Now You See Me


Films centred around the mystery of magicians and their dazzling array of fancy tricks haven’t been blessed with a strong success rate over the years, with only Christopher Nolan’s ‘The Prestige’ from 2006 deserving a mention. The blockbuster season itself could easily be perceived to be a ‘one trick pony’ with its relentless barrage of sequels. Eager to inject a true sense of magic to proceedings, enter Louis Leterrier (The Incredible Hulk) and a wisecracking quad of eclectic tricksters whose moral compasses, Robin Hood would be proud of.

‘Now You See Me’s audacious premise revolves around the news worthy antics of The Four Horsemen, assembled together through peculiar circumstances. The aspiring yet naïve Jack Wilder (Dave Franco) sharing the limelight with his well established idol J.Daniel Atlas (Jesse Eisenberg), alongside a ‘down on his luck’ Meritt McKinney (Woody Harrelson) and sassy escape artist Henley Reeves (Isla Fisher). A year on from their initial meeting, their act is one of the hottest tickets in town with the culmination of a headline show at the MGM Grand in glitzy Las Vegas, where we discover their real passion.

Fittingly proving that three is indeed the magic number, their planned hat trick of elaborate shady schemes prompts the FBI to enter the fray, with agent/non-believer Dylan Rhodes (Mark Ruffalo) reluctantly heading up the case with Interpol investigator Alma Dray (Melanie Laurent). In an attempt to get the inside track and understand the ‘mechanics’ behind such trickery, Rhodes enlists the help of former illusionist Thaddeus Bradley (Morgan Freeman), a TV personality whom now revels in the idea of exposing figures in the field. Cue a fast paced game of one-upmanship, as the ‘Horsemen desperately try to stay one step ahead of the law..

Playing out like a theatrical ‘Oceans Eleven’ spiked with the right dose of intrigue and the benefit of slick production values, director Leterrier is certainly not coy about deconstructing its core element. Whilst a gamble to unravel the mystique that surrounds the narrative, it certainly pays off as the plot twists and turn continue to mount as quick as the film’s breakneck pace. Despite occasionally suffering from shoddy editing, Leterrier is efficient in the staging of its audacious yet entertaining set pieces as our key protagonists continue to toy with its intended targets.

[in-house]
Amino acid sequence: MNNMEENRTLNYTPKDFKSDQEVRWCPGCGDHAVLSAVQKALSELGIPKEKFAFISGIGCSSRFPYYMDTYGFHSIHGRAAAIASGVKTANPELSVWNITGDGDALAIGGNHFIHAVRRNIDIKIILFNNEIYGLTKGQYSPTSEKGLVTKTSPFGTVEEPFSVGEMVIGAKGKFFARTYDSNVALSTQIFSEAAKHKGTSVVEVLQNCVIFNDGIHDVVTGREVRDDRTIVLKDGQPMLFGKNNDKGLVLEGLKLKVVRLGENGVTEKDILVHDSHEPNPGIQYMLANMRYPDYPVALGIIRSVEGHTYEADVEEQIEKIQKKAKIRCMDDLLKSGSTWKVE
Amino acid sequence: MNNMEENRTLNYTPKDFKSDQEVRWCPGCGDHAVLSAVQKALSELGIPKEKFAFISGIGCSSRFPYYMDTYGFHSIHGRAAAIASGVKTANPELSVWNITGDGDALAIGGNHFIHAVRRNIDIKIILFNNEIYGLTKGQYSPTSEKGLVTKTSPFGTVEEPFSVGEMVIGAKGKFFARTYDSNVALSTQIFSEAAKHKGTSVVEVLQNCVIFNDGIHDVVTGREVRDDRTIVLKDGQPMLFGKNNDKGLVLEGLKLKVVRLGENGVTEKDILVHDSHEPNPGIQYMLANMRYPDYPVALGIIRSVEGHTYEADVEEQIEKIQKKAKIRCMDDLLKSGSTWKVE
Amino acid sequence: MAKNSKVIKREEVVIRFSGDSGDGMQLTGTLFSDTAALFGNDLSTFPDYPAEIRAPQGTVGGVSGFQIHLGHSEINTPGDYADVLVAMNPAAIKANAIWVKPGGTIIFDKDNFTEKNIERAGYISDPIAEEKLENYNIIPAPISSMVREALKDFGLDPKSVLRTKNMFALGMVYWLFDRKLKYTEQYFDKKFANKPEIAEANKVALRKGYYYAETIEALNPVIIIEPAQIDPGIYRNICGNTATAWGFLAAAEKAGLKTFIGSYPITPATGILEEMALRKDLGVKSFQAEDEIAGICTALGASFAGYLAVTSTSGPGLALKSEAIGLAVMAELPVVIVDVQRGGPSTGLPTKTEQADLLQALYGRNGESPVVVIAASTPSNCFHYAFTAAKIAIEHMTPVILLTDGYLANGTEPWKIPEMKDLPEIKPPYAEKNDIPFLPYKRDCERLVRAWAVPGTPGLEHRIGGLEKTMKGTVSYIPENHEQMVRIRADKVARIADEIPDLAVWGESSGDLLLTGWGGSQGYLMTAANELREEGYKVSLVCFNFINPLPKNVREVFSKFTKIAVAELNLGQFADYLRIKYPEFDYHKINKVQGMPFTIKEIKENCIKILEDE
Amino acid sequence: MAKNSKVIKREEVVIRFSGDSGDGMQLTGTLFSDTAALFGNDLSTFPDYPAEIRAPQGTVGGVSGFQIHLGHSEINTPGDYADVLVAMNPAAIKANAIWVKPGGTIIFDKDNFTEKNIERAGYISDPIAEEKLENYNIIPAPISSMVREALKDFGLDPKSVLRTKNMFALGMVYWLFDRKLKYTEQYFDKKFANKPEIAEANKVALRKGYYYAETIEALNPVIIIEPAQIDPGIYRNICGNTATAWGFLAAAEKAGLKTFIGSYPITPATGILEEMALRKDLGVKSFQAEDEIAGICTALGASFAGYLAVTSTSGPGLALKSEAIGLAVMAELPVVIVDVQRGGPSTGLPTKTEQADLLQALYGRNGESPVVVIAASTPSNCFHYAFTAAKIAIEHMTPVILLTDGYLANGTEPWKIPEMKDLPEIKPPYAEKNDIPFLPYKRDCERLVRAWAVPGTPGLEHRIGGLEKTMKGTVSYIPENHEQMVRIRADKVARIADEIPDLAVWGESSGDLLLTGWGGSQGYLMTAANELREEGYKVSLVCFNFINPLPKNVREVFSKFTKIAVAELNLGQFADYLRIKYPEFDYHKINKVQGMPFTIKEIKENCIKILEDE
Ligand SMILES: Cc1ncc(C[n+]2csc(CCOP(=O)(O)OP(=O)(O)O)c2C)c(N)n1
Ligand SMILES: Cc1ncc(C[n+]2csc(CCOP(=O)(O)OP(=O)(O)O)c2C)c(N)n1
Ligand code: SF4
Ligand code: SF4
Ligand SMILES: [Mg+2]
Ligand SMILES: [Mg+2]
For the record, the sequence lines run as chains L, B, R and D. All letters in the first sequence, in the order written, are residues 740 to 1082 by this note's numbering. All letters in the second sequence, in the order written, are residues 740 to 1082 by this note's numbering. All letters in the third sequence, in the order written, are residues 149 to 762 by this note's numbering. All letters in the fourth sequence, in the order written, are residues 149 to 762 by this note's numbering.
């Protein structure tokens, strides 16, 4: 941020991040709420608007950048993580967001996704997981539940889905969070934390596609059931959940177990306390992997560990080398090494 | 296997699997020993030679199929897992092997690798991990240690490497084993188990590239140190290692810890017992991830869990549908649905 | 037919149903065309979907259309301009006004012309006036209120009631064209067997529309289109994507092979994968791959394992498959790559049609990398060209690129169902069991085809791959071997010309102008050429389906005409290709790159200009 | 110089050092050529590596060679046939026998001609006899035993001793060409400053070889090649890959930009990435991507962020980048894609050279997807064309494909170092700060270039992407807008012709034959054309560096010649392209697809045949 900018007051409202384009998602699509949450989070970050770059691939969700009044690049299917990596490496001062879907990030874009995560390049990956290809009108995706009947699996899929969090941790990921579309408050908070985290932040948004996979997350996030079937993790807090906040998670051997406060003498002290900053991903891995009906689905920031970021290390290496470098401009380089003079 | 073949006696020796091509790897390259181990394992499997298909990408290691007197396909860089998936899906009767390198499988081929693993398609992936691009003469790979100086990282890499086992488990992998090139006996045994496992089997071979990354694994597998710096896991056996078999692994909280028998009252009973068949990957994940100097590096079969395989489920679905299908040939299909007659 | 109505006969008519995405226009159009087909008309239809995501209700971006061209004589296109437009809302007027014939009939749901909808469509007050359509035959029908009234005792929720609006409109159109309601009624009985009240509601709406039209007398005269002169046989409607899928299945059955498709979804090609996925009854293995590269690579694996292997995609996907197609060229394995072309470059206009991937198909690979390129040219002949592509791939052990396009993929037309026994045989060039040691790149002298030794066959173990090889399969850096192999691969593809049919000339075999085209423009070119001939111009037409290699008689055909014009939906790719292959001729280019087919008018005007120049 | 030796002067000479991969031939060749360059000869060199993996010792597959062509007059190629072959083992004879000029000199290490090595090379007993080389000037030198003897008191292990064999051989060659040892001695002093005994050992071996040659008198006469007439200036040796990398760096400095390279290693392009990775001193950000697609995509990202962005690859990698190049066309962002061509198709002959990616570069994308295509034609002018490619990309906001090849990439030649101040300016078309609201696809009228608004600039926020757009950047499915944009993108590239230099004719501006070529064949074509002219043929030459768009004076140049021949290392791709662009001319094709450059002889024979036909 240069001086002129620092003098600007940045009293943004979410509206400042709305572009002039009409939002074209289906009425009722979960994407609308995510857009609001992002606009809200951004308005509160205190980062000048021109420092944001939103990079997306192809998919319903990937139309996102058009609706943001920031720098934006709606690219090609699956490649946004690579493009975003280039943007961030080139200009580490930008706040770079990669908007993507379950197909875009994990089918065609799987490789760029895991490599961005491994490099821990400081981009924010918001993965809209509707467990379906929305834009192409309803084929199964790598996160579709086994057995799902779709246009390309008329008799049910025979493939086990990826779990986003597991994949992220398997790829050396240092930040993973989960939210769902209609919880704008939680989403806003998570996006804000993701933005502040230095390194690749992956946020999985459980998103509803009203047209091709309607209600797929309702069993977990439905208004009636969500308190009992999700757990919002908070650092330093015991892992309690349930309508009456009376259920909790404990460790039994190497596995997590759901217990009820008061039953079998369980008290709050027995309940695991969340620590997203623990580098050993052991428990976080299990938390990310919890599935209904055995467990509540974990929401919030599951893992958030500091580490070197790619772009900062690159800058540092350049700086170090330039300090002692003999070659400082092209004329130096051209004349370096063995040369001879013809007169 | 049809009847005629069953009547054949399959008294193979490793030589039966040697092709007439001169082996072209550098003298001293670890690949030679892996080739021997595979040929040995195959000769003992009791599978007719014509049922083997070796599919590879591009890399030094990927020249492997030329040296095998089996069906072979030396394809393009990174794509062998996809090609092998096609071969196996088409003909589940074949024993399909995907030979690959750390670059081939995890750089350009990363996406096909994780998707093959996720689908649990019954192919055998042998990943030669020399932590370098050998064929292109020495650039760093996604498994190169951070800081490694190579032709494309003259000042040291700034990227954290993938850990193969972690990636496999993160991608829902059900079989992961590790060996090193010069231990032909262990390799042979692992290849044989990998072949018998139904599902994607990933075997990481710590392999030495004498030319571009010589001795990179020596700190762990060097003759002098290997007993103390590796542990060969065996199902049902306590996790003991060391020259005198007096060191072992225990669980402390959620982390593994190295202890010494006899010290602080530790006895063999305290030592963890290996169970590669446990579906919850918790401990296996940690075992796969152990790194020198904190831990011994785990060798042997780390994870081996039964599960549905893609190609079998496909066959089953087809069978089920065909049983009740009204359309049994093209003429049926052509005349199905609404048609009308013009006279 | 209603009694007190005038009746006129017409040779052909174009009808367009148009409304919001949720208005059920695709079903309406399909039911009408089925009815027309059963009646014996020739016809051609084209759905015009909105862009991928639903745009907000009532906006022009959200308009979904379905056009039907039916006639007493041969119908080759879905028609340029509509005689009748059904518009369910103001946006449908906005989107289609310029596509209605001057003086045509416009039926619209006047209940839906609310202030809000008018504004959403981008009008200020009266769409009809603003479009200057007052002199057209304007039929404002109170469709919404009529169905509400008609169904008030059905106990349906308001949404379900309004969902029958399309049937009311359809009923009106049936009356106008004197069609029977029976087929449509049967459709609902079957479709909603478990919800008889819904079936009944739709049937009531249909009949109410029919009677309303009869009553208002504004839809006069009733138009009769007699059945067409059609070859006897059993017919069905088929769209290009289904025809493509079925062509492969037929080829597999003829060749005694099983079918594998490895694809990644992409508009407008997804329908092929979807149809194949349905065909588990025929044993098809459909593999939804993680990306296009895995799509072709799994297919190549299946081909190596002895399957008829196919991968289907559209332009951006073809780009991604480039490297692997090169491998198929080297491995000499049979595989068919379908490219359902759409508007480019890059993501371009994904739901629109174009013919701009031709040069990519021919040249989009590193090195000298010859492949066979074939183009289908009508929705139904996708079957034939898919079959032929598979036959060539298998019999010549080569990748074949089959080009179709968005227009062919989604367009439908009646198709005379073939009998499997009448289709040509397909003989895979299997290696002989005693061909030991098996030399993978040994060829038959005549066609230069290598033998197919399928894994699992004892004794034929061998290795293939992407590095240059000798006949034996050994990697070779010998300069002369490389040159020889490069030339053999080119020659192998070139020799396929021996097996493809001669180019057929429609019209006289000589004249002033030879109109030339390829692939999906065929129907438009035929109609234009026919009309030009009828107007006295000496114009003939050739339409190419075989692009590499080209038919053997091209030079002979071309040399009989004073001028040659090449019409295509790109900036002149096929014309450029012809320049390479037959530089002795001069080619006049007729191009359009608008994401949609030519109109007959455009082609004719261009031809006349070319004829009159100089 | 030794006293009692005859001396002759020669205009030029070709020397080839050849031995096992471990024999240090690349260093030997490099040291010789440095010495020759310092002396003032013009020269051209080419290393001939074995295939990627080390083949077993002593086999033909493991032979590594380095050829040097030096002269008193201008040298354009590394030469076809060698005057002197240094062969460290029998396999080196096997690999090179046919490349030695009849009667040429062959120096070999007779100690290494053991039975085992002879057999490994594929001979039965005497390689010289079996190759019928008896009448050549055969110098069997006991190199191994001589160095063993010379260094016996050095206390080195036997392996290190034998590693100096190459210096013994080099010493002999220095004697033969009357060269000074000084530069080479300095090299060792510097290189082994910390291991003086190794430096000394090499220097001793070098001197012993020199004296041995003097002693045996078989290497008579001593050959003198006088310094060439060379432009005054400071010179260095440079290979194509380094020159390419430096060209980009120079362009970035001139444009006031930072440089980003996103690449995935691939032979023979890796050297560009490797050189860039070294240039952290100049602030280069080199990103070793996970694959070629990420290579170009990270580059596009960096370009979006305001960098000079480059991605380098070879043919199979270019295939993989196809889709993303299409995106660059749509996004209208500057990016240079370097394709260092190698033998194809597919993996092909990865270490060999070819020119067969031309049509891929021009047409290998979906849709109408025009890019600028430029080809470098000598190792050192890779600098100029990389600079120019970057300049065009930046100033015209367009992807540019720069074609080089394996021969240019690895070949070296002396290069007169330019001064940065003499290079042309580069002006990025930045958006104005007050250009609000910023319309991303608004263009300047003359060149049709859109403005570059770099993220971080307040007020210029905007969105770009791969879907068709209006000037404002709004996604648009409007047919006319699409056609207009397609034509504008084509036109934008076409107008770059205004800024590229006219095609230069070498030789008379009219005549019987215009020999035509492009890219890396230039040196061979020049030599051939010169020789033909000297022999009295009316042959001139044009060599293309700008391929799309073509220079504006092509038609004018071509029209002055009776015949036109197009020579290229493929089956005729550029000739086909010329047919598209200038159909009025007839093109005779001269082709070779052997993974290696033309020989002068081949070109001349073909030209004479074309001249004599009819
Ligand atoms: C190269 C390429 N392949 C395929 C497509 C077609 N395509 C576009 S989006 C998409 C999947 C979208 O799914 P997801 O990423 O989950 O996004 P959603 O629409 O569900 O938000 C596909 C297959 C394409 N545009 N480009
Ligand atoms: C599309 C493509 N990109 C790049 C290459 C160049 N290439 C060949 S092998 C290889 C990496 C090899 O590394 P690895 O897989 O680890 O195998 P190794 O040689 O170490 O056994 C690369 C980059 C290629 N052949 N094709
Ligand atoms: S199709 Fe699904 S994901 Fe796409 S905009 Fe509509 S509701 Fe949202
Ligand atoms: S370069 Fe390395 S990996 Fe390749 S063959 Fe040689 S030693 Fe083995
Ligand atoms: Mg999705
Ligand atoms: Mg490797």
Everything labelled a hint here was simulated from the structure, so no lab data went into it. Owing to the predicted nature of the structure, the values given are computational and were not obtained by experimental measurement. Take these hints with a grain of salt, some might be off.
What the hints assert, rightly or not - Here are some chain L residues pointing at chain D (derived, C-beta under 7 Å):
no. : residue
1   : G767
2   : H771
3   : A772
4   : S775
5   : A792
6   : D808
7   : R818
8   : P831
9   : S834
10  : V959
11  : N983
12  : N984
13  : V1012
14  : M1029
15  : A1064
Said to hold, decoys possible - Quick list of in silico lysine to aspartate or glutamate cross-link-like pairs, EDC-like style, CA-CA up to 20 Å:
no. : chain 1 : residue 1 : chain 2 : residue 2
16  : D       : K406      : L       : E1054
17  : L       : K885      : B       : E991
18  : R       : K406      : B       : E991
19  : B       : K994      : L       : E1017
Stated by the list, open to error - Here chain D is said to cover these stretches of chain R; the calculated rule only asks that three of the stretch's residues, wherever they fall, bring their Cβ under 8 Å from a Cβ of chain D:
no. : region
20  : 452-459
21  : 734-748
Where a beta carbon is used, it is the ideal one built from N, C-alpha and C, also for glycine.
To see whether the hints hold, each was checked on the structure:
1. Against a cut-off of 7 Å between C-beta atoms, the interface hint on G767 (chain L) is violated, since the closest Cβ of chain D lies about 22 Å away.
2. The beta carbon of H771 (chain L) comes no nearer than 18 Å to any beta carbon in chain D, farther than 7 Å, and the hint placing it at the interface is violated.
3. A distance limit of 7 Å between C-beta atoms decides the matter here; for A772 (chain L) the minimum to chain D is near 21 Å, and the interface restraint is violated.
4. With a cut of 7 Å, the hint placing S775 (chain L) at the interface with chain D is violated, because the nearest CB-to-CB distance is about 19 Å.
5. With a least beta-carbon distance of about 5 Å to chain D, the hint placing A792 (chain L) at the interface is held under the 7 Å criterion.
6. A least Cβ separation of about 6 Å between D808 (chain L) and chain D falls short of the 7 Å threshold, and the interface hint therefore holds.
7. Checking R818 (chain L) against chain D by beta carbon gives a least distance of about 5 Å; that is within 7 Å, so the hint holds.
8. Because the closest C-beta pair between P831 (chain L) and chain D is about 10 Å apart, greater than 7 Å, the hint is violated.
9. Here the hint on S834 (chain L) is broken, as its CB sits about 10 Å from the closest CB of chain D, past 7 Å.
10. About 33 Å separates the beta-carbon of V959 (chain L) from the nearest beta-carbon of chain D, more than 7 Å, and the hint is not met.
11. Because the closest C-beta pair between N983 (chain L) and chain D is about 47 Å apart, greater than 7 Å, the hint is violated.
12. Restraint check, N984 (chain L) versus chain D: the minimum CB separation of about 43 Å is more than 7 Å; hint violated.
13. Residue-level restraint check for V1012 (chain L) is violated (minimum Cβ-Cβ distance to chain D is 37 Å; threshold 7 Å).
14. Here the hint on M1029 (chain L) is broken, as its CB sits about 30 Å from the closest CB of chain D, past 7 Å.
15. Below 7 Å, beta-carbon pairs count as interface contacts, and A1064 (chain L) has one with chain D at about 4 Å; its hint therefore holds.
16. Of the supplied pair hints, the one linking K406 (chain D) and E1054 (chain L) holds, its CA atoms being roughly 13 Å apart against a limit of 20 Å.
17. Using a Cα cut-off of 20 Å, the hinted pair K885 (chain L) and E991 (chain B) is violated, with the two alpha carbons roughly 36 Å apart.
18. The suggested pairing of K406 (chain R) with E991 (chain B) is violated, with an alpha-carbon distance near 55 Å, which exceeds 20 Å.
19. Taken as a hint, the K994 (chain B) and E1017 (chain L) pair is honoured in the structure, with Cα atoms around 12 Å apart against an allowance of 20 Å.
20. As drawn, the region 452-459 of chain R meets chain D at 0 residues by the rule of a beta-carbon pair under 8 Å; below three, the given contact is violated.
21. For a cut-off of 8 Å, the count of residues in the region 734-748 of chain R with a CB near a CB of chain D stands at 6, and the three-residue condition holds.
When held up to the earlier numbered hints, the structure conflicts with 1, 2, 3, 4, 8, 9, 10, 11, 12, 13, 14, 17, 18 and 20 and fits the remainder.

With such focus on the complexities of its premise, it is inevitable that the character development would suffer. The ‘Horsemen themselves are an admittedly egotistical quad and although they collectively toe the line between smart and smug, they do share a sparky chemistry. Eisenberg’s Atlas is hardly a far cry from his portrayal of Mark Zuckerberg albeit toning down the barbed wired wit here, with Harrelson’s ‘difficult’ nature garnering the sporadic laugh in particular. Unfortunately, their fun banter becomes minimalised as the film shifts through the gears of its story, becoming increasingly reliant on the trio of Freeman, Caine and Ruffalo to restore balance, which they achieve with their playful turns.

Its implausible ’tough sell’ of a resolution will likely amaze for perhaps the wrong reasons. However it doesn’t deter from ‘Now You See Me’ overall being a thoroughly entertaining and fun-filled caper, which will likely prove a refreshing antidote to mainstream audiences craving originality during this Summer season.


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